I have come to believe that we law professors sometimes take ourselves too seriously, e.g., when we think that a well-placed law review article will be the lever with which we can move the world.  But I have also come to realize that we don't take ourselves seriously enough when it comes to how important it can be to students to receive encouragement and affirmation from us.

February 13, 2024 in Teaching | Permalink | Comments (0)

Wednesday, January 31, 2024

Do I Teach Too Many Old Cases?

In the past few years, I have received a few complaints in my student evaluations that I teach too many old cases.  This year, there were more such complaints than ever before.  There aren't that many; only a handful out of 75 students in my contracts courses, but the complaint is new and gaining steam.  One student helpfully defined "old" as cases from the "19th and 20th centuries."  It's official.  I'm old.

Vining Peerless
The good ship Peerless as imagined by my former student, Justin Vining

These comments led me to go back through my reader and have a look.  The oldest case I teach is Mills v. Wyman, from 1825.  I teach three cases decided in 2023.  I only teach ten cases (of fifty) from the 20th century, and the median case dates from 1968.  Fifty cases total is not a lot of cases.  I supplement my reader with an Brian Blum's Examples & Explanations book, so the students get a lot of hypotheticals that are generally in a contemporary setting.  One interesting phenomenon that I have noticed since I started supplementing cases with problems is that students have difficulty keeping straight which fact patters are real and which are hypothetical.  So, from my defensive crouch, I could argue that a supplement my two score and ten vintage cases with at least that many problems set in the 21st century.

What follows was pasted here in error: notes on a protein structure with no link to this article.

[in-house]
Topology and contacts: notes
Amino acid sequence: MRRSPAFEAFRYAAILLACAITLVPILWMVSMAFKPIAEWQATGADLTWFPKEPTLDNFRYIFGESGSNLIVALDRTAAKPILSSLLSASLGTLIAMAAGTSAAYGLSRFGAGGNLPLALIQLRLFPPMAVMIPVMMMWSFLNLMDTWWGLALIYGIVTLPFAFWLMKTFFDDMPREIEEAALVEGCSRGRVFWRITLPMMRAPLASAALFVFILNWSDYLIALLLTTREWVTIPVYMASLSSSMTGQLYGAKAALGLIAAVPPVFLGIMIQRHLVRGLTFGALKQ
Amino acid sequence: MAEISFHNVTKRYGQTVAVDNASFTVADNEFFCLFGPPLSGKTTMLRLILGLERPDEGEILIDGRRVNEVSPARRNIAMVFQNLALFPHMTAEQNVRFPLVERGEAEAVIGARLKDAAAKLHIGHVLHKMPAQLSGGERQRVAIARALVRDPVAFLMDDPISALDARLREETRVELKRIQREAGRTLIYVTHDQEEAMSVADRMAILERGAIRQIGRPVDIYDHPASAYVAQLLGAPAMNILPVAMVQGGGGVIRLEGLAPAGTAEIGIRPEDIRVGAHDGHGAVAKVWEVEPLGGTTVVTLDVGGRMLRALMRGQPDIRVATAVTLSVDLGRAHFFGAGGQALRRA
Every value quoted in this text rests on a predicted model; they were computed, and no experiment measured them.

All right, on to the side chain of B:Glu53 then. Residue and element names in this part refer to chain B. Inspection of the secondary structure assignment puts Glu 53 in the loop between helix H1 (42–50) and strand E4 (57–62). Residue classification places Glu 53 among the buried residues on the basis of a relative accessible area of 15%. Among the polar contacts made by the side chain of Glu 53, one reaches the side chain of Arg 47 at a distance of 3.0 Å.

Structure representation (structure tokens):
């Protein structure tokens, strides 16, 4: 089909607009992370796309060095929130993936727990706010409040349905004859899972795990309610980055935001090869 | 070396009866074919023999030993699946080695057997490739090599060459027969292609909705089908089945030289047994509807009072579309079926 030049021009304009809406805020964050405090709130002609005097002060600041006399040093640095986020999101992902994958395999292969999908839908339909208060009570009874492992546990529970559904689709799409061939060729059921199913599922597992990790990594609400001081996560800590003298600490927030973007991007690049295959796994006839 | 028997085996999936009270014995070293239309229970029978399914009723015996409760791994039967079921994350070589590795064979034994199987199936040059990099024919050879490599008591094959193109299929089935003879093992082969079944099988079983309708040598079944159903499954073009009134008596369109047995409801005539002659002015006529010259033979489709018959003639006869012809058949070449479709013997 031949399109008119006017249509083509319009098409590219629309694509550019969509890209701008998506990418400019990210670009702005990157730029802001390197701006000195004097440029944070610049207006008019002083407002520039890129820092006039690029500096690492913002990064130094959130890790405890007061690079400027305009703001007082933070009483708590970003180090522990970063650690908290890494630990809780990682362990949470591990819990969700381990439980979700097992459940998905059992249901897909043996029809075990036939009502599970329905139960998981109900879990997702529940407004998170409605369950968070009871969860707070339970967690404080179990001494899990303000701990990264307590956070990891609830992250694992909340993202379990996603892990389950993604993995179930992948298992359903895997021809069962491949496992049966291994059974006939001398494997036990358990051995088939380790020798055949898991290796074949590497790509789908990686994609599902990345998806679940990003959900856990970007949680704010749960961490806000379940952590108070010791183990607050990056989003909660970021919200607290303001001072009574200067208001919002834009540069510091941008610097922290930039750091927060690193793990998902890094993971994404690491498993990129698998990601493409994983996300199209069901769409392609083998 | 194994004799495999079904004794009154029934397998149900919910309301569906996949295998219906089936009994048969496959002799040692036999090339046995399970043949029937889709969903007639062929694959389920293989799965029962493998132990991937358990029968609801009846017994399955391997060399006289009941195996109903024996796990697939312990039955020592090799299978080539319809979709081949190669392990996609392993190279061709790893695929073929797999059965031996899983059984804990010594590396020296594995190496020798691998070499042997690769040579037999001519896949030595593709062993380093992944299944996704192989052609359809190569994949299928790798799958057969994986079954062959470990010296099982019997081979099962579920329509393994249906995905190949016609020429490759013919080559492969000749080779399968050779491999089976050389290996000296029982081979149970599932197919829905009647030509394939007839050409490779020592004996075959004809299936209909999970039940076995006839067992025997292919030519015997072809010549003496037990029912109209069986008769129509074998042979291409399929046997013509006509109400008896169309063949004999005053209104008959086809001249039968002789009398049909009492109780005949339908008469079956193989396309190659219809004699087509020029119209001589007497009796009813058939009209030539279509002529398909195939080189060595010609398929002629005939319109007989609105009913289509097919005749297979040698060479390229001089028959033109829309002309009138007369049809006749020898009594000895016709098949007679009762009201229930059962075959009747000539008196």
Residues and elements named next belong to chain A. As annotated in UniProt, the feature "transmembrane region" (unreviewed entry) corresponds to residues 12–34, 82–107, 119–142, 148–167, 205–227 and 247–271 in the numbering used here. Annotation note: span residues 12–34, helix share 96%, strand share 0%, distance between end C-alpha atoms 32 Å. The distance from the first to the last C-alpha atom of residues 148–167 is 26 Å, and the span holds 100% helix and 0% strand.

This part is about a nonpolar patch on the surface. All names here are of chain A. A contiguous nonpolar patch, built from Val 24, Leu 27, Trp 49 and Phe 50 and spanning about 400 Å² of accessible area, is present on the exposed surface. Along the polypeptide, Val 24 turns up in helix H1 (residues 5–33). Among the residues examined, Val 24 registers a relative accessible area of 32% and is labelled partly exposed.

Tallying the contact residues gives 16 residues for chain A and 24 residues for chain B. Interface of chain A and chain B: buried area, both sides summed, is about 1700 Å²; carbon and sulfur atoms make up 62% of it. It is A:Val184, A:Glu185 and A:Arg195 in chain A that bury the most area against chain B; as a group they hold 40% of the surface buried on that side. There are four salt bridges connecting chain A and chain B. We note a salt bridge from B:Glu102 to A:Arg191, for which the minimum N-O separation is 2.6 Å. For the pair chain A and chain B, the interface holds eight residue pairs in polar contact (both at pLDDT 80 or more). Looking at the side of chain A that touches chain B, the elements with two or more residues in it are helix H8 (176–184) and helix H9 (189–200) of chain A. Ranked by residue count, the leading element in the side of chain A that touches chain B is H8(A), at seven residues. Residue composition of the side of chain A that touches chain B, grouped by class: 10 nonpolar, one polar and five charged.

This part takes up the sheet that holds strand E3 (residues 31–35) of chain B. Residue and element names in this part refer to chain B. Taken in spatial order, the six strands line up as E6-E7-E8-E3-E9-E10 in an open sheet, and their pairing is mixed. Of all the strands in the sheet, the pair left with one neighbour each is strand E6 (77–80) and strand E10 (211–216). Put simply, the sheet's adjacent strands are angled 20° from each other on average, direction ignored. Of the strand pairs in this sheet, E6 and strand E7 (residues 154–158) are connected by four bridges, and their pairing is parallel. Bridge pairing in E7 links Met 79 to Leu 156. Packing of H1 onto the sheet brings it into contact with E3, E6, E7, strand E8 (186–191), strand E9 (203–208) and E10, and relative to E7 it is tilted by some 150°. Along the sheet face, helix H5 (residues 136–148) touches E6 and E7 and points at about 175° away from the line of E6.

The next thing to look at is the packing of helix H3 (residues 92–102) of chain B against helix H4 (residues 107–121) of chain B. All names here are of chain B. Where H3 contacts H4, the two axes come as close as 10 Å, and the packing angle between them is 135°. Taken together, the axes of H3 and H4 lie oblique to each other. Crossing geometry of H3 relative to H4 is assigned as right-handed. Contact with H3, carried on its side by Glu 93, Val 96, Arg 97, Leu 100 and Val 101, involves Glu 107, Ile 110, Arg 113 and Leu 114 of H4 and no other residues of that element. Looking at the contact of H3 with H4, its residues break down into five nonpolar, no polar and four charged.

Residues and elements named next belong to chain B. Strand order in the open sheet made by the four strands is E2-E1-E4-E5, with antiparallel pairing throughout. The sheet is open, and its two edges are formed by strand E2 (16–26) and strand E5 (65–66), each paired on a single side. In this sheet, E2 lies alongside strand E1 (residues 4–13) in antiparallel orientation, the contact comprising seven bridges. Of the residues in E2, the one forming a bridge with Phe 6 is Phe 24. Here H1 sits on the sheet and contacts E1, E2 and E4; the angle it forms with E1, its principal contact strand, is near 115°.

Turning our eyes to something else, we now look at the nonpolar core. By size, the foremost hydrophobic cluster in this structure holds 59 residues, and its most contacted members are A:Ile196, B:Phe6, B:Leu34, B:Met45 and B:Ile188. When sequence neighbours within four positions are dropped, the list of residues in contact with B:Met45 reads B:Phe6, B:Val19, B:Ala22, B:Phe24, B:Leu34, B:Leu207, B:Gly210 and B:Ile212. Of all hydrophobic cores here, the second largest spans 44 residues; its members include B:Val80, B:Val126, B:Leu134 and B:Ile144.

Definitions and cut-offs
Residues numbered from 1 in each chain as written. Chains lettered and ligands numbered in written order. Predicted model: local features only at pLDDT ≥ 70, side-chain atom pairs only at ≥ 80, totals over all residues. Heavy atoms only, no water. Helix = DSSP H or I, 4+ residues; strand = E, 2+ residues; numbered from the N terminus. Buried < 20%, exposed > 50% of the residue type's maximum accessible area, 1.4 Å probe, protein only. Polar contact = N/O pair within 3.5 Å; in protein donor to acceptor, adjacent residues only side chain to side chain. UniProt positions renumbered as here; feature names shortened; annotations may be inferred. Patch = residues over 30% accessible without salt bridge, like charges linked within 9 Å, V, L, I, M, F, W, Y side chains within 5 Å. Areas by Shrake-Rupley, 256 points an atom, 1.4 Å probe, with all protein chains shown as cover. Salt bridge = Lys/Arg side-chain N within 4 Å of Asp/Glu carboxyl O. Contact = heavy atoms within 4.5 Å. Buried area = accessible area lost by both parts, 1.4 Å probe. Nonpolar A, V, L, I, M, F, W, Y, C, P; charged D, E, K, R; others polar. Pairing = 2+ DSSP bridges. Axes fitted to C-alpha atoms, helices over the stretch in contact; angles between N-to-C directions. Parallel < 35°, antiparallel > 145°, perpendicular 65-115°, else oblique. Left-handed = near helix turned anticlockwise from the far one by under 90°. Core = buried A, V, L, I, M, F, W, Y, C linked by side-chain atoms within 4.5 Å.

My reader includes five cases from the 19th century: Mills v. WymanKirksey v. Kirksey (1845), Raffles v. Wichelhaus (1864), Hamer v. Sidway (1891), and Rickets v. Scothorn (1898).  I love these cases.  They all teach really well and lead to great class discussions.  There is rich literature and lore about all of them.  Is that reason enough to continue using them?  An additional argument in their favor is that they are all good law.  It would be hard for me to abandon these cases, even if I knew of more recent cases that covered the same ground, but I don't.  Perhaps that is because I have been complacent and haven't bothered to look, but it may be that these cases have come to occupy the field.  Rather than engaging in the kind of analysis that these cases engage in, modern courts simply cite to them or to equally musty old cases that lack their compelling facts or well-written opinions.

Cardozo Cup 3
Cardozo Cup Competition Entry by my former student, Jeff Miller

I may be on shakier ground with the next half-century.  I teach eleven cases published between 1901 and 1935.  Judge Cardozo accounts for four of them.  Paraphrasing Ben Jonson, I might confess, "My sin was too much hope of thee, lov'd Judge."  I could drop Lady Duff, as I pair that case with B.L. Lewis Productions.  v. Angelou, but the latter case spends so much time talking about Lady Duff, it seems a shame not to share the original with my students.  Is there a better case for charitable subscriptions that Allegheny College?  A better discussion of fatally incomplete contracts than Sun Printing?  Perhaps.